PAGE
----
This weekend I slept for 21 hours. That’s pretty near equivalent to the amount of sleep I got during the workweek. This weekend I was entirely alone, well void of any human interaction anyway. I still had my doggie sidekick with me. I spent the weekend alone with my thoughts. I deactivated my Facebook account. I walked everywhere as I’d left my ailing Subaru at the mechanic’s.
Being still is something I rarely do.
I was frustrated not to be able to go on the backpacking trip I’d worked so hard to prepare for. I was saddened by the potential loss of my trusty old four-wheel friend. I was fearful of the forthcoming financial impact.
What hit me most was that I realized despite my best efforts, I couldn’t control everything in my life and that with all the upheaval I’d done to set up my new life in Santa Cruz, I just wasn’t quite all there yet. I felt defeated. I closed up. I cried. I got quiet. I cut off social media and didn’t try to do anything but just be. I wallowed.
My car problems hit Friday night. That night was exhausting. Being broken down on the side of the highway waiting for the first distress call to be answered and when that one ended up being a false fix, waiting twice the time for the second one to be answered and all the while it was getting darker and my reaching out to friends went unanswered or invalidated, I felt more and more alone. I didn’t know how I was going to get home from the mechanic’s. I felt hopeless.
Late that night, two of the most unexpected people deciphered my cryptic distress calls (I am not one to beg for help or be dramatic) and called and instant messaged me. They listened to me cry and they just listened. Then they asked how they could help. That was something. Something I didn’t know I needed until I heard the words and so I slept. I slept for 10 hours.
The next day I felt deeply saddened. The man I’ve been dating said in a text, “I have a feeling there’s something more than the car, am I right?” My response was, “car and money.” I realize now that was an oversimplification. Though it was these two things, it was more that despite all my hard work, my planning, my doing the right thing and being a good person, shit happened AGAIN and my shit is not together. Despite all my efforts, my fucking shit is not together!
Saturday I really wallowed. Typically, I bounce back. I go right into solving mode. Solving is what I’m good at. Coming up with a plan is what I’m good at. I just didn’t have it in me though.
I listened to one of those cheesy self help videos near the end of the day and something she said snapped me out of my self-pity a little. She asked, “Do you have a roof over your head? Do you have food?” I of course do and I immediately thought that there are many out there that don’t. Then she asked, “Do you love yourself? Do you treat yourself and do you see yourself the way you would want others to treat and see you?” That’s when I turned it off.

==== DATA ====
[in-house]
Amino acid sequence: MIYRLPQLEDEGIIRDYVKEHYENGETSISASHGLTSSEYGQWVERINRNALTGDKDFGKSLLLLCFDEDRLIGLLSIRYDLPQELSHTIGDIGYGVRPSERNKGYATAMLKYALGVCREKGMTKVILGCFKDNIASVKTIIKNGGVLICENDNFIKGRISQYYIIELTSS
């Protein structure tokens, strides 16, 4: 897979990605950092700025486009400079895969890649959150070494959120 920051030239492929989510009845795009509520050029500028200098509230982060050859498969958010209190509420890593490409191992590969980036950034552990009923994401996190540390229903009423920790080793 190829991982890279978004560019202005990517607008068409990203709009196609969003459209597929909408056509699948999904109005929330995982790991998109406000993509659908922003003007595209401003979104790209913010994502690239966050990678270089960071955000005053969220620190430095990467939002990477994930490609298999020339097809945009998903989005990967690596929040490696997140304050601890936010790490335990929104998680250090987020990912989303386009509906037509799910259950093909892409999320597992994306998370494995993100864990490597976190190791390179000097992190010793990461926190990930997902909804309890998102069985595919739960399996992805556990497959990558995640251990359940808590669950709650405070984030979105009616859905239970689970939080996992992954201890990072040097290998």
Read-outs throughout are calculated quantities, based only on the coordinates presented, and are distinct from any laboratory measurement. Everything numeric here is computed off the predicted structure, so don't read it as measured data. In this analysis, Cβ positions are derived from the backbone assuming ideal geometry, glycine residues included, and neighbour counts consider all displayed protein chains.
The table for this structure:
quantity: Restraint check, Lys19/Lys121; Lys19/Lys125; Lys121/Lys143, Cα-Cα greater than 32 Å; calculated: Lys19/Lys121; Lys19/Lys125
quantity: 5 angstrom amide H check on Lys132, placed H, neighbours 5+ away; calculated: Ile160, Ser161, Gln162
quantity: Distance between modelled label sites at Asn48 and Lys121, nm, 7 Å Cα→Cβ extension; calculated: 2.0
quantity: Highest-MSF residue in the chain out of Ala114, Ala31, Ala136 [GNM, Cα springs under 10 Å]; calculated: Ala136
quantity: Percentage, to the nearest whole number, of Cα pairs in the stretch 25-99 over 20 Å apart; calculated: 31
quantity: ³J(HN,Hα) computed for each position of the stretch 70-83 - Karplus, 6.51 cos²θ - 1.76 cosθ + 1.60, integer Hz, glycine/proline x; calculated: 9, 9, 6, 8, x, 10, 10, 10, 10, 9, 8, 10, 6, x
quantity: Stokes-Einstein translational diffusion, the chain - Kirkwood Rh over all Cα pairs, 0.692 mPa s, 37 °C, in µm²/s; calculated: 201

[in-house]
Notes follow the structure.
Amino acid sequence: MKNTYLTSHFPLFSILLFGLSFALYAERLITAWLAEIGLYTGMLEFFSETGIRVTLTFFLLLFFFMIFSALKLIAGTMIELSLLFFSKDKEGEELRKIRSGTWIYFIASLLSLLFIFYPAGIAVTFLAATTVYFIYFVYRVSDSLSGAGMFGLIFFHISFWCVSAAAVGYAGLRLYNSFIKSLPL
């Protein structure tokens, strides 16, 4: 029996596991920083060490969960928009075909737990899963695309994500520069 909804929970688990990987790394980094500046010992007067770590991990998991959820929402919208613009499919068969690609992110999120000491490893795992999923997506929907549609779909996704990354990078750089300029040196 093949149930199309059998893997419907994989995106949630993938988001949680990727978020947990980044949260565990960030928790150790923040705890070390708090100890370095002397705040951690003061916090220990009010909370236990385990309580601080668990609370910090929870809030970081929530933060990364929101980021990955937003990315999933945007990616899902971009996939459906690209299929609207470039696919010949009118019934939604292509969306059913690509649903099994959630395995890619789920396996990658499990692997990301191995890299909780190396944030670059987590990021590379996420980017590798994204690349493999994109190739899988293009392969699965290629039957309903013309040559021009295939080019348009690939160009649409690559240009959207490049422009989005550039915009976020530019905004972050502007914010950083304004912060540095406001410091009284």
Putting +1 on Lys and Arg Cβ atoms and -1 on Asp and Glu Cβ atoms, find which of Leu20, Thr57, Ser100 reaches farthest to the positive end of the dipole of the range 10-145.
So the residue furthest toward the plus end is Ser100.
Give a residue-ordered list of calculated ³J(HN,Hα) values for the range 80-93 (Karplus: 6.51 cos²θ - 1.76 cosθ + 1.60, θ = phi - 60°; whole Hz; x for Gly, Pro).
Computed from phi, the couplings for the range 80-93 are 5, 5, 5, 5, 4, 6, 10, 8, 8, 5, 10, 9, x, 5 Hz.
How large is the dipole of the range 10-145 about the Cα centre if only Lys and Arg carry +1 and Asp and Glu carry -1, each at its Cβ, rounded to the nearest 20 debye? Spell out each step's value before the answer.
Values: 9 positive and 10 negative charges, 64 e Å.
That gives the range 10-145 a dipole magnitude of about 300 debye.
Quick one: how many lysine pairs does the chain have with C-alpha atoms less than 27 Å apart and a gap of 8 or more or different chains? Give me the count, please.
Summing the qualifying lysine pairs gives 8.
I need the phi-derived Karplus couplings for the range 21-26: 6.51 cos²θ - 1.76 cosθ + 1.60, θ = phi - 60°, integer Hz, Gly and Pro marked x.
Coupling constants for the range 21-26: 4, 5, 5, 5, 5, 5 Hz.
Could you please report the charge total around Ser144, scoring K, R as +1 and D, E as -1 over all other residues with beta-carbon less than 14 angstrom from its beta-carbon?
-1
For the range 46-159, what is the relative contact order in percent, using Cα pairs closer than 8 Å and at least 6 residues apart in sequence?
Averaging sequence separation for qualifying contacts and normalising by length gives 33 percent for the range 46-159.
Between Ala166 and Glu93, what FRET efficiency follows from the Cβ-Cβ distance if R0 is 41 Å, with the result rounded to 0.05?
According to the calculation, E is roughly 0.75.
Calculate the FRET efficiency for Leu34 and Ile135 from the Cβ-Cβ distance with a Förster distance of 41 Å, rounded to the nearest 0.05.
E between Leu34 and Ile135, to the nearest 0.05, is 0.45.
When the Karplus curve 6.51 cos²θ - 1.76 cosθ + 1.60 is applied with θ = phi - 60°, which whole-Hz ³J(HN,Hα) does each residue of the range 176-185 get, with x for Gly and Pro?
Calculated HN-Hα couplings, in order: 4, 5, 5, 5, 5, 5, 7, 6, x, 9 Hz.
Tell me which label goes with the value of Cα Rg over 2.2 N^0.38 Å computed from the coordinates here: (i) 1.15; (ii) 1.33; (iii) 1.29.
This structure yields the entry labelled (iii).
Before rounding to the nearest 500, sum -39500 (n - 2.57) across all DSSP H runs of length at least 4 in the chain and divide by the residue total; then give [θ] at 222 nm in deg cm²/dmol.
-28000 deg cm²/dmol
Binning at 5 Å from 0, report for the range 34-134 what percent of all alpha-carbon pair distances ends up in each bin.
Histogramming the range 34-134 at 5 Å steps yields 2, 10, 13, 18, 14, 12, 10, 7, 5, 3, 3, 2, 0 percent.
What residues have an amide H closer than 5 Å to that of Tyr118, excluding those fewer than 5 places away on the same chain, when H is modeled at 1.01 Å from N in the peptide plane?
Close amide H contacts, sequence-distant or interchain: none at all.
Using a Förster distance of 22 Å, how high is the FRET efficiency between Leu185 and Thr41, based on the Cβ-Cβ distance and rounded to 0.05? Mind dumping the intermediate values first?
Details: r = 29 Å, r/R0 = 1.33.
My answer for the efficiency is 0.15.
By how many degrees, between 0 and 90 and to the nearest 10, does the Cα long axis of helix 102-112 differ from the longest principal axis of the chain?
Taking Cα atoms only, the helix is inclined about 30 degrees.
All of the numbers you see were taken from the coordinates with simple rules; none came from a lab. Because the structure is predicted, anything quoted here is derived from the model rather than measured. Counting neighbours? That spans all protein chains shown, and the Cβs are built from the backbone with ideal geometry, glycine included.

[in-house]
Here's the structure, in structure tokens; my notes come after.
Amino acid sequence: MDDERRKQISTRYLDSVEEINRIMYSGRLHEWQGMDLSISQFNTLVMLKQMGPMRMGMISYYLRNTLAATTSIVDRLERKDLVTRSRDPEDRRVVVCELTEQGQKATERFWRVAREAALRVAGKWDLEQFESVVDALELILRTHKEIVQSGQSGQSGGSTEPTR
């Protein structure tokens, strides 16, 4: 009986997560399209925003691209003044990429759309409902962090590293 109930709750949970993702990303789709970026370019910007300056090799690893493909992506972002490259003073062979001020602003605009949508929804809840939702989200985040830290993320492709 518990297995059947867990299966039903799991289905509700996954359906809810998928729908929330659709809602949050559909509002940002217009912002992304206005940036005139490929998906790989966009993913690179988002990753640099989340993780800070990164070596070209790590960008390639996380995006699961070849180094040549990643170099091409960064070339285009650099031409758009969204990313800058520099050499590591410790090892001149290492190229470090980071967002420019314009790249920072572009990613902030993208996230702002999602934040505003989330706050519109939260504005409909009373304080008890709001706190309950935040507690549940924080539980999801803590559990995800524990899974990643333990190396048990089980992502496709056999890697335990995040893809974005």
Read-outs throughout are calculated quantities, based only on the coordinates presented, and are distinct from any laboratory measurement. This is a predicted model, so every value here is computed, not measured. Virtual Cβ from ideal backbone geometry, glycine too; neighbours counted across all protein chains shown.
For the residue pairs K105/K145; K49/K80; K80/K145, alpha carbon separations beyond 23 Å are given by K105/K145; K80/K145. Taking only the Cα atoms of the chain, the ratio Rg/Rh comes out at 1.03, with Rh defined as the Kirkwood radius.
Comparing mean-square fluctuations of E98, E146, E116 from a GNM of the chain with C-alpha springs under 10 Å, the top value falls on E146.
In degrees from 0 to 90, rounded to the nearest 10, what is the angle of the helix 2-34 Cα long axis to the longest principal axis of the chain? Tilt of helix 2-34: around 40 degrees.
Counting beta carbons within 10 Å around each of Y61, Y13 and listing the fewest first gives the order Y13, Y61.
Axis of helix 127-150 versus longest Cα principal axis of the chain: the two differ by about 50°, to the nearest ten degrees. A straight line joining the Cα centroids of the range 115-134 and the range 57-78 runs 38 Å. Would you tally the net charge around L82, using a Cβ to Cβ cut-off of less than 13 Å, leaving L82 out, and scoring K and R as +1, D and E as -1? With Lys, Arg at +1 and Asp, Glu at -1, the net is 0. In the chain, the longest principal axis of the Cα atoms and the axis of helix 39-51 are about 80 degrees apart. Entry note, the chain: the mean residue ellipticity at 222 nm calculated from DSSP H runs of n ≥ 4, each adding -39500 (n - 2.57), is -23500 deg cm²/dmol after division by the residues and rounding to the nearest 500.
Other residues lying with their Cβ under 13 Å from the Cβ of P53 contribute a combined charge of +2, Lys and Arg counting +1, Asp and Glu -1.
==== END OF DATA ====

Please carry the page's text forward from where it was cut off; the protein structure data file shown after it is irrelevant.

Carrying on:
Silence. More wallowing.
Then I slept for 11 hours.
Sunday I had a tiny bit of bounce in me, enough to go for a hike with my canine best friend. Oddly to me, on this hike my brain started ticking. As my body hiked rapidly, my mind began to come out of its paralyzed state and began cranking to come up with possible solutions. I remember getting to certain points of this trail route I know so well and realizing I didn’t remember any of the journey to get there. I was so wrapped up in my thoughts. I got home and I started researching and crunching numbers.
I looked up how long it would take me to ride my bike to work. Two hours. Yuck! I looked up how to take the bus to work. I looked up Car and Driver articles. I went to Honda’s website. And Subaru’s. And Toyota’s. I wrote my dad an email. I filled out an Excel budget spreadsheet my uncle made me back in January. I was too scared to see the results up until I felt like I finally had to. It wasn’t as bad as I thought. I felt some relief.
Sunday I also called a few friends. None of them answered but I left messages. I also gave Shilo a bath and I baked banana muffins. I was still in silence but I was feeling a coming out of the debilitation. A little.
I don’t know what is going to happen next but I realized some things about me, which deep down I think I already knew. I’m just good at suppressing it. I keep so busy so I don’t feel alone. I surround myself with people but keep them in arms reach so I don’t feel so alone and so I don’t get hurt. Yet when I’m forced to be still and be alone, and when I’m hit with something that feels overwhelming and unfixable, really, the utter truth of it is, it’s ok. It’s going to be ok.
While I’ve been wallowing and in my bubble of silence and debilitation, everything around me just keeps on keeping on. (Well, maybe everything except my car). There is something magical about the contrast between silence and buzz. We can’t appreciate one without the other. In the same way, I couldn’t appreciate how good I actually have it without being snapped into the thought of how many out there have it so much worse. I also couldn’t appreciate sleep until I fully realized how much my body must have needed it when I just let it because I had nowhere I could be.
Though it remains to be seen whether my Subaru has seen the end of her adventurous days, it took her being towed away from me for me to stop, get still, get silent and start over.
Do you go off the grid every once in a while? How do you feel when you’re either forced or force yourself to stop? What changes? I’d love to hear from you! Please reply in the comment section below.